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Rural Water Supply: The Devil is in the Details

The National Rural Drinking Water Programme seems to be meeting its targets but the quality of service is questionable, putting rural households at high risk.

In the Lakh Rayaji village of  Yavatmal, Maharashtra, people, especially children, fall sick regularly. The reason behind the epidemic-like illness is that sewage water flows by the open well that is the only source of water for the majority of the population here.

“The drainage system is poor and the sewage seeps into the well. No handpumps have been installed (by the government) and we cannot afford to do so ourselves,” says Kalavati Rathod, a resident of the village.

78 million people in India do not have access to safe drinking water, and Lakh Rayaji, with a population of about a few thousand, is only the tip of the iceberg. India also has the dubious distinction of accounting for one in five child deaths in the world due to diarrhoea. Diseases like gastroenteritis and diarrhoea haunt almost every household in villages like Lakh Rayaji. Those who can afford it, buy bottled mineral water. However, for most daily wage labourers, 20 rupees for one litre of water is a luxury that few can afford.

Rathod also says that no water supply scheme like the Nal Jal Yojana has been implemented in the village. The Nal Jal Yojana is run by the states, sometimes outsourced to private entities, and is at different stages of implementation in different places. The National Rural Drinking Water Programme (NRDWP), however, is a national-level scheme that is supposed to cover the rural population across all states. But given the dirty wells, defunct tanks and broken pipes, the residents of Lakh Rayaji have not really benefited from the scheme.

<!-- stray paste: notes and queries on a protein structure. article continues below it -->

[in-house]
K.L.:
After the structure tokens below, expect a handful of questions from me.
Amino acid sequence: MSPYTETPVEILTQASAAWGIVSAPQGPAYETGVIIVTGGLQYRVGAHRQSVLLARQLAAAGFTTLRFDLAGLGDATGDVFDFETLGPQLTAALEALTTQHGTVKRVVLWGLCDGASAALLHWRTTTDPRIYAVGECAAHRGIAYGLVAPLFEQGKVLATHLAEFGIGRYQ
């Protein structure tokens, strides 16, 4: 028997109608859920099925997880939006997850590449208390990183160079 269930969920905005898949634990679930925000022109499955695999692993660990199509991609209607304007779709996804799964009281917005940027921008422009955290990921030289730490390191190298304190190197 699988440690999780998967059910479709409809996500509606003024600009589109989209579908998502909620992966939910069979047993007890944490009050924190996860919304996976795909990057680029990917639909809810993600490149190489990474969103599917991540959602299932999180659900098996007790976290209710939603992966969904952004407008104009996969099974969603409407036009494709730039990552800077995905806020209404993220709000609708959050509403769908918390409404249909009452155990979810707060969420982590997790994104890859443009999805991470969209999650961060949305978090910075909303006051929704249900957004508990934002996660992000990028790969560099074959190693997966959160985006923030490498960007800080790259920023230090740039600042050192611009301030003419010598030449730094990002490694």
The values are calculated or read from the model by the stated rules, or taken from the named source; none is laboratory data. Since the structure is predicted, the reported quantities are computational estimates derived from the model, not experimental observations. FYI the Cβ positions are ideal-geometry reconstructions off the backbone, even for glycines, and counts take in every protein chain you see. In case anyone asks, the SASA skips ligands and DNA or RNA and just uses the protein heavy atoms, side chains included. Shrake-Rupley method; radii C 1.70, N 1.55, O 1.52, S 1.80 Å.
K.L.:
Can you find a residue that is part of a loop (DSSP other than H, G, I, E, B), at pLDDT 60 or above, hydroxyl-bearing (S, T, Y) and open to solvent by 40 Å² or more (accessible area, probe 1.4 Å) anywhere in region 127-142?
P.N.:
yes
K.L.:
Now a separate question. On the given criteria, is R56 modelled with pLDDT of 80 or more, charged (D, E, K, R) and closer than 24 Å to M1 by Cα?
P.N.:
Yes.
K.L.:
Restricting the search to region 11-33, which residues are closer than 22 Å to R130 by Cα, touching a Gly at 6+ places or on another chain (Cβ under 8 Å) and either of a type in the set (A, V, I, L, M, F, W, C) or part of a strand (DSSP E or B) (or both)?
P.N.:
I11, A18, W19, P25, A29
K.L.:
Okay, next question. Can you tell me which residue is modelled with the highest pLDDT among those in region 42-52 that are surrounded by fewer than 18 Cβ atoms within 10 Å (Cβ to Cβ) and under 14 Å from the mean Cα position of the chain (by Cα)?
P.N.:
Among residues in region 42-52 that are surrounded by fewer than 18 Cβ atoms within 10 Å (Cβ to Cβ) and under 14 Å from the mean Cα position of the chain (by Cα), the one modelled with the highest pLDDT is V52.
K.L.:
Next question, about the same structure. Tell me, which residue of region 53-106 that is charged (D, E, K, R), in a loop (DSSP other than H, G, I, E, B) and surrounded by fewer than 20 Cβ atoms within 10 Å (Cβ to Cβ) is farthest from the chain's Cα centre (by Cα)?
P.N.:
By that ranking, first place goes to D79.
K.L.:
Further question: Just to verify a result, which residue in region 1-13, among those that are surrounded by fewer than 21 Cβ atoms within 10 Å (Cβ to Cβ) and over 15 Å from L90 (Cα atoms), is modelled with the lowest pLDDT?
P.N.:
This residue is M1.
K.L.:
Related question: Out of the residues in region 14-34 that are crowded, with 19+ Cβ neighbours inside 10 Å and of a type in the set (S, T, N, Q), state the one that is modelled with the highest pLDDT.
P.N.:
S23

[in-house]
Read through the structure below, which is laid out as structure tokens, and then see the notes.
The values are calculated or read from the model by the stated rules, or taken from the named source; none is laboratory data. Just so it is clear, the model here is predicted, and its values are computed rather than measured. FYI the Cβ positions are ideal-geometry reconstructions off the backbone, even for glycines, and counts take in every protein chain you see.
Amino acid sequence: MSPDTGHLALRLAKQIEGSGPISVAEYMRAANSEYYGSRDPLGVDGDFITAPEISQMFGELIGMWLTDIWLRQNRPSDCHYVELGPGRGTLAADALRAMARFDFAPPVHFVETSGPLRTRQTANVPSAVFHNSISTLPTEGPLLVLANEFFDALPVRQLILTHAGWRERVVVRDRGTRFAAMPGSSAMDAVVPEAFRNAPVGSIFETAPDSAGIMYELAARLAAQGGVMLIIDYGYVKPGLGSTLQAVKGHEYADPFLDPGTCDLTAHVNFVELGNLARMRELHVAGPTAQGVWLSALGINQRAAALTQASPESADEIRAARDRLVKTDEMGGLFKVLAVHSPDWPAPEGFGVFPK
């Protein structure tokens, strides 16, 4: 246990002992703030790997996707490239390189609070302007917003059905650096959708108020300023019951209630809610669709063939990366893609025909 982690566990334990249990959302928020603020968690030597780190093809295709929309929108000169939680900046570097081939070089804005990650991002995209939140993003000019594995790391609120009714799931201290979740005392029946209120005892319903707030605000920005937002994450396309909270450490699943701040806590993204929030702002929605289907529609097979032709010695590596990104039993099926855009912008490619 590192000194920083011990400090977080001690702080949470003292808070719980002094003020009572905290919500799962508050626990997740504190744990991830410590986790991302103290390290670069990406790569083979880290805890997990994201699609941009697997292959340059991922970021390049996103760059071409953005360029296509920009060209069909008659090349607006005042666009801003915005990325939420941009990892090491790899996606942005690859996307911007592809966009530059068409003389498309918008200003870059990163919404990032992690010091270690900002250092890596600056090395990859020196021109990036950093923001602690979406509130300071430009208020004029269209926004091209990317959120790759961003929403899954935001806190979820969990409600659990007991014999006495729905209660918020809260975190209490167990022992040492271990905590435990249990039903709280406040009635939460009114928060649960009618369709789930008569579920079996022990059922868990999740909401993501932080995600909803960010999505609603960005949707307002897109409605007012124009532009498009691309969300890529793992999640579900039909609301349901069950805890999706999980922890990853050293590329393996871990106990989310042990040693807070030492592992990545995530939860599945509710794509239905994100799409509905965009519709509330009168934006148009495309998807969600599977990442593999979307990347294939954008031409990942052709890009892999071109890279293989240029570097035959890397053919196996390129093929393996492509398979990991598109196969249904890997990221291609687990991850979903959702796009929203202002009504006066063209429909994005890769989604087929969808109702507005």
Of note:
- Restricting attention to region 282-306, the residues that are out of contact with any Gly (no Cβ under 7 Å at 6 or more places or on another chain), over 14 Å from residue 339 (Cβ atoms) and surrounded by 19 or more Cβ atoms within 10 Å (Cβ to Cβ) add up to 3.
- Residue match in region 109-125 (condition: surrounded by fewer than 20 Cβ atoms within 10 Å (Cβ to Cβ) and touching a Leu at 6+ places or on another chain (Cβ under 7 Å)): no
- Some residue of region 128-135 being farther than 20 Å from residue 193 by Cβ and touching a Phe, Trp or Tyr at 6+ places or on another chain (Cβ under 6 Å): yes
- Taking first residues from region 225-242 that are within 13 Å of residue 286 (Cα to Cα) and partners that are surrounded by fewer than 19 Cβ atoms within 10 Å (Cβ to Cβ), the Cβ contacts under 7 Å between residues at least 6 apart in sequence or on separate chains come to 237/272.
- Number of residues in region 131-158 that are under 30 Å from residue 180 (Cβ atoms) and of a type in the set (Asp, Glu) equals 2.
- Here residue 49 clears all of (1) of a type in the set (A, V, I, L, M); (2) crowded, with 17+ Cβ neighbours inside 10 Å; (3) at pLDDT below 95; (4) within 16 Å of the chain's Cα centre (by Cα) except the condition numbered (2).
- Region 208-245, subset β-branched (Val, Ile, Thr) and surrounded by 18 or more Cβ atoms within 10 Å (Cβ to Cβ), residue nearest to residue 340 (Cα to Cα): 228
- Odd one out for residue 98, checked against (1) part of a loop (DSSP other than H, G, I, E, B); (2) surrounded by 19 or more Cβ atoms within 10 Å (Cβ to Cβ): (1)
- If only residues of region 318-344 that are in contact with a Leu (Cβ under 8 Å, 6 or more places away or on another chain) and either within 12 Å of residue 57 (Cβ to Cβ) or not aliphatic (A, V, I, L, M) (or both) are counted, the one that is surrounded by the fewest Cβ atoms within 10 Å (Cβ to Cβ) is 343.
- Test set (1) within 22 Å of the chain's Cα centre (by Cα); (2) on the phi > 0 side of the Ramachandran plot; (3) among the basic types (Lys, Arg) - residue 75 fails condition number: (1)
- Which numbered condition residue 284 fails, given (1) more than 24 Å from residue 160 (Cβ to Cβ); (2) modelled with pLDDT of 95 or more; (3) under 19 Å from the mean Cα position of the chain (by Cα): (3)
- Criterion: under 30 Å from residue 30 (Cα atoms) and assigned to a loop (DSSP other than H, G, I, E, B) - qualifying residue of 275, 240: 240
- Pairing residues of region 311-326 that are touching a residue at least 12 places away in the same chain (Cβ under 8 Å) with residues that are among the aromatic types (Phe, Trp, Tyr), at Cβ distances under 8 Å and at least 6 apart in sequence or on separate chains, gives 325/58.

But government records tell a different story. According to the NRDWP website, Lakh Rayaji receives 49.43 litres of water per person everyday, and has two shallow tubewells and one open well under the NRDWP. The open-well is tagged as “safe” on the website whereas the tubewells are “not tested”.

Community Correspondent Kalpana Jawade’s ground report, however, make the government’s figures difficult to believe. The wells are either dry or surrounded by garbage and sewage. The tank, as Shaikh Mustaq points out, is “just for show.” The problem has plagued the village for 15-20 years, says Pramod Yogane, another resident, adding that the government has provided no relief. Mustaq also adds that the panchayat (village council) has done nothing for three consecutive terms now.

The NRDWP has a budget of 23,050 crores for 2017-2020, and so far, it has covered 77 percent of all rural habitations in the country. For Yavatmal, this figure is an impressive 99.38 percent. But what the records don’t seem to account for is the maintenance and exact status of the water resources.

The water pipeline in Lakh Rayaji had developed leakages four months ago as well, forcing people to use contaminated water from the open well, which resulted in almost a hundred people falling ill. And once again, the village faces the same precarious situation with no help in sight.

Support the community’s demand for piped water supply by calling the Water Supply Department of Yavatmal at +91-7232247900 and informing them of the problems the water crisis is causing.

Video by Community Correspondent Kalpana Jawade

Article by Alankrita Anand, a member of the VV Editorial Team

 

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